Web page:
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Heart Attack and Stroke Coverage

Heart disease is one of the most prevalent health concerns in the country. Although you can make lifestyle changes to decrease your risk of heart attack, such as increasing exercise and eating healthily, the expenses attached to a medical emergency can be less manageable. 

Having a stroke is a severe life event that often impedes mobility in seniors. It is the third leading cause of death in women and the fifth in men. Preparing for these worst-case scenarios is a step that can ease the burden on loved ones while you receive the care you need.

What is Heart Attack and Stroke Coverage?

In the event of a heart attack or stroke, your heart attack and stroke coverage will pay you a lump sum to help cover your medical expenses. The payment can be made out to the insured or a designated beneficiary. The money can be used at the beneficiary’s discretion to help cover expenses like health insurance payments, rehabilitation, prescriptions, and lost wages during recovery. Usually, this coverage will only payout for one diagnosis of a heart attack or stroke per each insured person.

What Costs Can This Cover?

Heart attacks and strokes can happen at any moment, leaving you with unexpected costs. Your other health insurance may not cover ambulance charges, diagnostic tests, hospital charges, or possible surgery. Heart attack coverage can help with hospitalization, heart transplant, surgery, nursing care, or other covered benefits.

After a heart attack follows a lifetime of maintenance and blood pressure medications, which include prescriptions, testing, and cardiologist appointments. Addressing the initial financial bills will put you in a better position to handle the ongoing care.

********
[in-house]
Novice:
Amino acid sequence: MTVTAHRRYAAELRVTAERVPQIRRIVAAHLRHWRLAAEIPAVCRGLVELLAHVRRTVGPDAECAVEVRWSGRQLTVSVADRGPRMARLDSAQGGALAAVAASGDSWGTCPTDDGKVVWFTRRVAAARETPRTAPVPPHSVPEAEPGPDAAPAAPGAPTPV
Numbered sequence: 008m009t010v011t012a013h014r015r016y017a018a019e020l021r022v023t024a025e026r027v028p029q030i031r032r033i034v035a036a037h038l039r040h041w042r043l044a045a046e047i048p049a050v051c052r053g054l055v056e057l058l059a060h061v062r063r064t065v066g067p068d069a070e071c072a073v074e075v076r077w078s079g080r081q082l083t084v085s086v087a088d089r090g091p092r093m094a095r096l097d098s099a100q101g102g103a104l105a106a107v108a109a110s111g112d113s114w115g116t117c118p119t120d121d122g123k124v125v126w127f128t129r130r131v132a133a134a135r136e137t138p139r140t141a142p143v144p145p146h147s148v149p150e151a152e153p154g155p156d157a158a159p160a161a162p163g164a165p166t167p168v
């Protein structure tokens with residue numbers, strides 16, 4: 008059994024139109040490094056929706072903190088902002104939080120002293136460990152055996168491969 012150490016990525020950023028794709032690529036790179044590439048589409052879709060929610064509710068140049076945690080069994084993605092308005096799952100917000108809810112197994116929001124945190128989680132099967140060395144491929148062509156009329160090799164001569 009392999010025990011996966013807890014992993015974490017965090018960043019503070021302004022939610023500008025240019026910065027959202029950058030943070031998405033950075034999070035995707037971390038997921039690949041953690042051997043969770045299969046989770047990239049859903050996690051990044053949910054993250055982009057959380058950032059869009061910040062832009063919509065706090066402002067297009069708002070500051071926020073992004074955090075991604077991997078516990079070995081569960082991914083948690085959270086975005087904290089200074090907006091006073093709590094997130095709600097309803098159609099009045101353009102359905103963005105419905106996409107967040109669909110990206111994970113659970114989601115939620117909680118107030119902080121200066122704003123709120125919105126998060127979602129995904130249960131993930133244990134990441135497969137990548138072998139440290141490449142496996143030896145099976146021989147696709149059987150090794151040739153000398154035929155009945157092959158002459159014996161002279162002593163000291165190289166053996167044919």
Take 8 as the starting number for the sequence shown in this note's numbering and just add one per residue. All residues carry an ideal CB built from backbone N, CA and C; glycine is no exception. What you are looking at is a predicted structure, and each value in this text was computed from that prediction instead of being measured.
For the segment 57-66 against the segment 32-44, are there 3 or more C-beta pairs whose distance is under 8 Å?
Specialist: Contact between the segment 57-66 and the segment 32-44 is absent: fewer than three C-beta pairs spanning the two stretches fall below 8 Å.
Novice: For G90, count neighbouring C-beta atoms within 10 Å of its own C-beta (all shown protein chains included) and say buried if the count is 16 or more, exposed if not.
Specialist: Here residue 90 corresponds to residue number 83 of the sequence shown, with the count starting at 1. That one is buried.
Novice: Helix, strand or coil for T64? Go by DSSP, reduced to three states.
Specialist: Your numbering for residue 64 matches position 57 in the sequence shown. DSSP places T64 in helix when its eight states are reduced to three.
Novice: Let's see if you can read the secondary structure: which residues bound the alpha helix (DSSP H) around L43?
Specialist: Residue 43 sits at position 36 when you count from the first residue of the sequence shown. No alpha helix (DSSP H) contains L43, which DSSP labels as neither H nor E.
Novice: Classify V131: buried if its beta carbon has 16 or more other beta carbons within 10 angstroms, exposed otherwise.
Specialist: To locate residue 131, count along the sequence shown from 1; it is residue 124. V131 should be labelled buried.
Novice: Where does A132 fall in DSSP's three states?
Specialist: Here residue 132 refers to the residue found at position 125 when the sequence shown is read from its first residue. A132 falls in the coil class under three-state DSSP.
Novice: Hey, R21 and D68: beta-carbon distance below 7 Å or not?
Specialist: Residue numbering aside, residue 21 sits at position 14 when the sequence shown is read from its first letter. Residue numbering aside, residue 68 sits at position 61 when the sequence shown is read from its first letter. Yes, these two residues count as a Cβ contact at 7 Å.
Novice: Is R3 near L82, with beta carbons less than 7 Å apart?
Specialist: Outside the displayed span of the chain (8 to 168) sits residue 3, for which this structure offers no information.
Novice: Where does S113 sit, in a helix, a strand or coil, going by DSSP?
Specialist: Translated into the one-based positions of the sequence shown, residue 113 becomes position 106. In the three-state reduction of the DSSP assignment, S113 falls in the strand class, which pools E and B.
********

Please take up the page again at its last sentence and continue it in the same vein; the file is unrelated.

The expenses of a stroke include deductibles, coinsurance, and copays to your health insurance and the hospital. Prescription drugs, extended hospital stays, and rehabilitation are also in the picture, depending on the severity of the stroke. Working with a speech or physical therapist may help you to recover full function. Other expenses include transportation to and from the healthcare facility as well as household expenses.

What Are Risk Factors For A Heart Attack or Stroke?

Age is a risk factor for heart attacks, with men over 45 and women over 55 more likely to have one than younger people. Smoking, high blood pressure, high cholesterol, obesity, diabetes, metabolic syndrome, and a family history of heart attacks also increase your risk. A lack of physical activity, stress, a history of preeclampsia during pregnancy, and autoimmune conditions can heighten the risk.

Several risk factors may lead to a stroke. These include high blood pressure, obesity, high cholesterol levels, narrowed arteries, diabetes, arrhythmia, and a previous stroke or family history of strokes. A lack of exercise, poor diet, smoking, and drinking more than two alcoholic beverages per day may contribute to enhanced risk. High blood pressure is the leading risk factor for strokes because it leads to plaque formation, restricting blood flow. Smoking is the leading preventable risk factor because it decreases oxygen in the blood, weakens blood vessel walls, and can decrease good cholesterol.

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Call today to compare costs of plans, estimate your savings and get help with your enrollment.

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